What SpaceX and NASA hope to do is part of a plan begun under President George W. Bush and enhanced by President Obama to turn travel to and from the space station into a largely private and less costly venture, freeing up NASA to plan for deep-space journeys to asteroids, the moon and ultimately Mars.
“It’s proving to be harder and more complicated and more expensive than [SpaceX founder] Elon Musk anticipated,” said Dale Ketcham of the Spaceport Research and Policy Institute at Central Florida University. “But it’s still more efficient than NASA.”
The company and the space agency are “targeting” Monday for the launch, but more delays could crop up if the final data check turns up problems. “We’re going to check and double-check and triple-check before launch day,” said Kirstin Brost Grantham, a spokeswoman for SpaceX.
If all goes well, the flight will deliver 1,100 pounds of food, water and other cargo to the 16-nation outpost, a capability the United States gave up when it retired the space shuttle last year. (Cargo vehicles built by Russia, Europe and Japan now supply the six-person crew.) Even more crucially, a successful docking would mark a milestone for commercial space companies.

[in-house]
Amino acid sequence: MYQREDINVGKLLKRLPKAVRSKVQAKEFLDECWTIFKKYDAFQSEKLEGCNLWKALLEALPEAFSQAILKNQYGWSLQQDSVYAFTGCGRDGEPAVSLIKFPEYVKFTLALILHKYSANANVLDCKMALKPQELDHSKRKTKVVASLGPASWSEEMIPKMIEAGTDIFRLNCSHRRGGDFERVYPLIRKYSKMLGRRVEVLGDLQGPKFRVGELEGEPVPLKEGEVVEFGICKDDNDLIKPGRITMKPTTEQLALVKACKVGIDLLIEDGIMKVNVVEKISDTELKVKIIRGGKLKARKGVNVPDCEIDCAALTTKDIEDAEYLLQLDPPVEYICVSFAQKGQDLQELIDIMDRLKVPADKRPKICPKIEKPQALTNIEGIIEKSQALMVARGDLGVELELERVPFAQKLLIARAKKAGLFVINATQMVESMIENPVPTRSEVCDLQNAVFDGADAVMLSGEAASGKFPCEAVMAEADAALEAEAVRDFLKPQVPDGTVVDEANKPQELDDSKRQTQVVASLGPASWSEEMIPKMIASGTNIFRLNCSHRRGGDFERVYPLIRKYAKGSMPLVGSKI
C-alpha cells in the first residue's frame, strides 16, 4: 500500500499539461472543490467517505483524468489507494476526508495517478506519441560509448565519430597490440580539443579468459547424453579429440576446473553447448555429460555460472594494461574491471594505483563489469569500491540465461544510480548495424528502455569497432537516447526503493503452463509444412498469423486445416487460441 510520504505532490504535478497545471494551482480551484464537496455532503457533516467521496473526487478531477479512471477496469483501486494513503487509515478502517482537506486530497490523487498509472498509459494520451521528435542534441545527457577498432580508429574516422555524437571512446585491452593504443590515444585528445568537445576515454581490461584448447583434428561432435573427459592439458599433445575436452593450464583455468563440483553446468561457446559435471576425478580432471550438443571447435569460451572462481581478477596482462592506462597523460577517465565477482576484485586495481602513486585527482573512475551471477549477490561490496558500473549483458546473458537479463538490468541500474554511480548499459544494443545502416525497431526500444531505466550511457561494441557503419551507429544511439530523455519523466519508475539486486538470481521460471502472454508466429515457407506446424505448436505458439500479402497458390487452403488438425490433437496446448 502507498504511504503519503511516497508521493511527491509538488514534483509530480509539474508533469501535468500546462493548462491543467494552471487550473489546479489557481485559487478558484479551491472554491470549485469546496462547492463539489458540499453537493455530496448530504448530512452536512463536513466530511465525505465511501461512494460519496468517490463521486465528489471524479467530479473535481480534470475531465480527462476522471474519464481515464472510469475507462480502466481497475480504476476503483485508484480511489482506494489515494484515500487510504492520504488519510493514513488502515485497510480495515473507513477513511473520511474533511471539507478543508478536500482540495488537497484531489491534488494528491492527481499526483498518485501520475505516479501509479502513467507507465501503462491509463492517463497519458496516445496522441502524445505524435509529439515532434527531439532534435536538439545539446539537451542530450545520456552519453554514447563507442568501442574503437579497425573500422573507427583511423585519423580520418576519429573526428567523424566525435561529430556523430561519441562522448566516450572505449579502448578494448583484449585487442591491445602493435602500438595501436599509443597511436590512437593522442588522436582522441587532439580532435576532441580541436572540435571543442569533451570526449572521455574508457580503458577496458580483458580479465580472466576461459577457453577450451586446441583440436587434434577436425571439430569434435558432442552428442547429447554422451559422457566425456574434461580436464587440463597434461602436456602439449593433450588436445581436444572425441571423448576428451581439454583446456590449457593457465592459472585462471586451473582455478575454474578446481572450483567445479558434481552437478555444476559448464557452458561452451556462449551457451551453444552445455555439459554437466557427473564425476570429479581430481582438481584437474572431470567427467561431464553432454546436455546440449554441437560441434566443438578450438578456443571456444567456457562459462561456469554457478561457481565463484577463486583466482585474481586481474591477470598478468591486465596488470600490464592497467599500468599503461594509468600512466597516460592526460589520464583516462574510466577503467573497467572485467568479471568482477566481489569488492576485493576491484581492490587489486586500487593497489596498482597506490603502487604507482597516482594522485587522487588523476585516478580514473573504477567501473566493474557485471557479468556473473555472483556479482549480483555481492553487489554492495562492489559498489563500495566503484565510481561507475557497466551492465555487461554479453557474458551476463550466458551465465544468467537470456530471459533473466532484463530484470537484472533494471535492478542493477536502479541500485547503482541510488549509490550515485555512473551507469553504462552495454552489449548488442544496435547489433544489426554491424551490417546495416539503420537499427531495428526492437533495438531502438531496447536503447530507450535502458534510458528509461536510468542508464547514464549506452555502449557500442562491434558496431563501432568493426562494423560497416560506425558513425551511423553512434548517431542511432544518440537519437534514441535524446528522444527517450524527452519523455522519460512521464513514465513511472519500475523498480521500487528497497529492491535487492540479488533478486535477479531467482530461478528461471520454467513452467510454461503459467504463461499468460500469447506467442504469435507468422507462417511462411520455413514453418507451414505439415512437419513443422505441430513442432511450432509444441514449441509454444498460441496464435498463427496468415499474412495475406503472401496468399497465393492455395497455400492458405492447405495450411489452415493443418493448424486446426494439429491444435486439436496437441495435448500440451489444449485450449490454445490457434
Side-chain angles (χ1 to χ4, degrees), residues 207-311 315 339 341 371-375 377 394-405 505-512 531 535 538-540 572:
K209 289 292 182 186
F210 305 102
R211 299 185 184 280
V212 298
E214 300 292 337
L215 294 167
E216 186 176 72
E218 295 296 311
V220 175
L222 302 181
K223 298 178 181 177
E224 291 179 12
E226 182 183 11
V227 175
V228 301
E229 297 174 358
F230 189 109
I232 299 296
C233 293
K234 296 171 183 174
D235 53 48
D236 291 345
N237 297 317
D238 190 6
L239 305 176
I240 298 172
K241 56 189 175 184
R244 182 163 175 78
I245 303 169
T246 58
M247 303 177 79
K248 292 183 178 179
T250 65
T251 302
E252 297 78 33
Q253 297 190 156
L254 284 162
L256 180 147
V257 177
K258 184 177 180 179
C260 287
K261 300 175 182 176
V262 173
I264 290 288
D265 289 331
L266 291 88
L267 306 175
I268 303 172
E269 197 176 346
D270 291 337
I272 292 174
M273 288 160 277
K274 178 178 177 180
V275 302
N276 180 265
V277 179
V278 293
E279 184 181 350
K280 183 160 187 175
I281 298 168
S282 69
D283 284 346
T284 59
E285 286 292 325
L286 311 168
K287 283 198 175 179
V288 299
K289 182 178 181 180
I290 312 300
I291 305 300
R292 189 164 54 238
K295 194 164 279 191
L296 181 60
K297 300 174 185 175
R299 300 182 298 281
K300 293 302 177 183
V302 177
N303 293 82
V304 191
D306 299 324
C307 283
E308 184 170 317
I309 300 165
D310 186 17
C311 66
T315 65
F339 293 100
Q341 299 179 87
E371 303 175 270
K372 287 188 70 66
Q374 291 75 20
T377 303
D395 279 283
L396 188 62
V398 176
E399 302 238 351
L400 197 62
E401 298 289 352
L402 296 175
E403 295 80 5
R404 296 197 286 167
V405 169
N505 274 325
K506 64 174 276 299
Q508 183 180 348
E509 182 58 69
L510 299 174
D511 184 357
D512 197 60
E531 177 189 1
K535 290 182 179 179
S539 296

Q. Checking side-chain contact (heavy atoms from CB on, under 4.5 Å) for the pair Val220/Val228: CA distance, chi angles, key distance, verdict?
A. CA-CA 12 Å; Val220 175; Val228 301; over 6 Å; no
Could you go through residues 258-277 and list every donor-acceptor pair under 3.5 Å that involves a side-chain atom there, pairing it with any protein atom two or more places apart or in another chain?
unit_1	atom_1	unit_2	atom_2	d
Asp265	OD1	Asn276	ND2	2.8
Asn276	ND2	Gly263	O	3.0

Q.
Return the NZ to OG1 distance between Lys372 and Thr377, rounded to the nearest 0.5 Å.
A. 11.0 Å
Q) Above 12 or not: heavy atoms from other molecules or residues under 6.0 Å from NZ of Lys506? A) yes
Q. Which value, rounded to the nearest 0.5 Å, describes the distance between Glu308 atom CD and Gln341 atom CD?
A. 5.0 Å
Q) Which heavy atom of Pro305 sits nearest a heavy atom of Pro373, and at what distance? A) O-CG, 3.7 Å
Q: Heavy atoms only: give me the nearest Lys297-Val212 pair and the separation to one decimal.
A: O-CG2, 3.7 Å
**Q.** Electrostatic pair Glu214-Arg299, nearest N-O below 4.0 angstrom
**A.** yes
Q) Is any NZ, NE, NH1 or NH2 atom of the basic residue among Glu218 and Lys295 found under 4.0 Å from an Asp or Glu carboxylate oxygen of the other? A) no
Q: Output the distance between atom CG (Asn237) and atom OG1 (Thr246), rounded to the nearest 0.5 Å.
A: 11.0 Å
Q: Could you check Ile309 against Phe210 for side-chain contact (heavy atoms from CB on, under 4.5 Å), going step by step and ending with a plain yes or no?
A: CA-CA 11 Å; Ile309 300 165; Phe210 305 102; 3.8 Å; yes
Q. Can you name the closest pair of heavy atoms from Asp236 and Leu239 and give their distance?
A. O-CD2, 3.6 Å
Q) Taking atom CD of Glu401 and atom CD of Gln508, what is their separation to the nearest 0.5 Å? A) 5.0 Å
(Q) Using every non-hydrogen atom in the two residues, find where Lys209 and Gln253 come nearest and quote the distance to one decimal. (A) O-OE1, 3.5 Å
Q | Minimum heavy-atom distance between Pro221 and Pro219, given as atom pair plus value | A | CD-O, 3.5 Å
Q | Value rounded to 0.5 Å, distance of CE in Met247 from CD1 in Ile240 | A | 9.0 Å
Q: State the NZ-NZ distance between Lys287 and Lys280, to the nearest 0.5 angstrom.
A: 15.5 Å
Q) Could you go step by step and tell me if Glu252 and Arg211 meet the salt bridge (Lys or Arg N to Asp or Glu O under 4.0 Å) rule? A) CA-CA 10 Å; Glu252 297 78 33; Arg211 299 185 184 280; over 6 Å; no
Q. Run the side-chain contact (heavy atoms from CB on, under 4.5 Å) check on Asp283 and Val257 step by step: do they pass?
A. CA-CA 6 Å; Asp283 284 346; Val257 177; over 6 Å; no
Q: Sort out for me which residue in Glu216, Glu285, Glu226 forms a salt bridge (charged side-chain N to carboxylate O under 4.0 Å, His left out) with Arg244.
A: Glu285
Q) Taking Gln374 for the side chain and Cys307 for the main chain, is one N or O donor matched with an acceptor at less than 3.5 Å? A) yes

NASA and SpaceX officials are emphasizing the excitement of the mission while tamping down expectations, noting just how difficult it will be to dock a new spacecraft to the space station. Many systems on the unmanned Dragon capsule, including its solar panels and the hardware and software needed to dock with the station, are being flown for the first time.
“This is a really tough flight,” William H. Gerstenmaier, NASA’s top official for human spaceflight, said during a recent news briefing. “What we’re asking them to do is amazing.”
The launch was originally designed as a fly-by of the station in which the Dragon would demonstrate it could approach, navigate with precision, “free-drift,” hold nearby and abort if necessary.
But last year SpaceX and Musk asked NASA for permission to try an actual docking. NASA’s Commercial Orbital Transportation Services program manager, Alan Lindenmoyer, said that after a safety review, the agency decided to allow an attempted docking if the other maneuvers succeed.
The docking, if it occurs, will be on the third day of the flight, and the Dragon capsule will stay attached to the station for up to 18 days.
Although the craft will carry cargo, Musk said the effort remains “explicitly a test flight. Indeed, we may not succeed in getting all the way to the space station.” Later he said, “A lot can go wrong with a mission like this.”